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Mesenteric Ischemia

blood clot

Mesenteric ischemia is poor circulation in the vessels supplying blood flow to your mesenteric organs: your stomach, liver, colon and intestine. With poor circulation, blockages can form and compromise the function of these organs. Mesenteric ischemia can come on suddenly or build slowly and become an ongoing health issue. It is part of a systemic disease process known as peripheral vascular disease or peripheral artery disease (PAD).

Symptoms can Include sudden or severe stomach pain, pain after eating, and weight loss.

ACUTE mesenteric ischemia is commonly caused by a blood clot, which travels to one of the mesenteric arteries and suddenly blocks blood flow. These clots often originate in the heart and are more common among patients with an irregular heartbeat or heart disease.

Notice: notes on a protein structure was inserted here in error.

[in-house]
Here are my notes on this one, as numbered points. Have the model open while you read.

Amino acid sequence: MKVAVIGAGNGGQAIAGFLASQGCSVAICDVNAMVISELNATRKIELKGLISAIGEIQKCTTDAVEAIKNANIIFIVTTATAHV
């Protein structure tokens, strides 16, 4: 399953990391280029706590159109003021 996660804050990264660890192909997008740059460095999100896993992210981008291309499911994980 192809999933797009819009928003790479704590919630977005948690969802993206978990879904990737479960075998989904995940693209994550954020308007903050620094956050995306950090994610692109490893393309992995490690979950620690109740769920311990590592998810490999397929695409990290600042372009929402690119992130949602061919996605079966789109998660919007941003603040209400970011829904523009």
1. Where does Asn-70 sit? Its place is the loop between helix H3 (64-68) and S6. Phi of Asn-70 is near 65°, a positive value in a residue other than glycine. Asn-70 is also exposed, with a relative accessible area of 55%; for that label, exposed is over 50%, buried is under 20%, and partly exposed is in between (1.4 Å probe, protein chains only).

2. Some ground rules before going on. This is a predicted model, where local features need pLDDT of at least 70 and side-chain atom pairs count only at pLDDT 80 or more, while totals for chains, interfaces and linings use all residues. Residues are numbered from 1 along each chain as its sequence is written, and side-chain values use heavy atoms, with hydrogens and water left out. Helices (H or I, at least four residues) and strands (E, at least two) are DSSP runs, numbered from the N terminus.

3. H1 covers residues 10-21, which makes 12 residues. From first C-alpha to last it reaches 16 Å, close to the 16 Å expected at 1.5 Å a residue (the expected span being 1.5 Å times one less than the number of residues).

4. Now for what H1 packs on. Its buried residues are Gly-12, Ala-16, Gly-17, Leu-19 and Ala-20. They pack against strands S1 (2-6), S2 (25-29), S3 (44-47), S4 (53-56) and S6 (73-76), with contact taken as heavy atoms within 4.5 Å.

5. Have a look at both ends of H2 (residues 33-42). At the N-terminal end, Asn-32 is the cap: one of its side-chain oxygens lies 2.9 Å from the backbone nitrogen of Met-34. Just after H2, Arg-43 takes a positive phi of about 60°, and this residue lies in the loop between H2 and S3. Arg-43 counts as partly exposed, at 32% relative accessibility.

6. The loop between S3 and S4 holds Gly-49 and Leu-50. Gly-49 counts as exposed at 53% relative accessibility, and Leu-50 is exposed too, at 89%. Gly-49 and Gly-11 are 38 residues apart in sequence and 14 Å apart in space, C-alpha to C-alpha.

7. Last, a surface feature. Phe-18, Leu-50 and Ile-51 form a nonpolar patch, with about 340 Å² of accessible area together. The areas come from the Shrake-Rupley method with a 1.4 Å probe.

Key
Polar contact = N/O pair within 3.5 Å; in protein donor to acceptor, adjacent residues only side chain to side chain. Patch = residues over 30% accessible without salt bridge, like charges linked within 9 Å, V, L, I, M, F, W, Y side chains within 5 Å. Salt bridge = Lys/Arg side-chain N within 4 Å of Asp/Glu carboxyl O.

CHRONIC mesenteric ischemia is frequently due to atherosclerosis (hardening of the arteries), which slows the amount of blood flowing through the arteries. An artery becomes blocked by plaque, which is formed by fats and other materials circulating in your blood. As more plaque builds up along the blood vessel wall, the artery can narrow and stiffen. Eventually, enough plaque builds up to reduce blood flow or even completely block the arteries.

If you have the symptoms outlined above, see a vascular surgeon. You will be asked about your history of smoking, high blood pressure, diabetes and heart disease, and details about when and how often the symptoms occur and how long they last. The vascular surgeon will also perform a physical exam.

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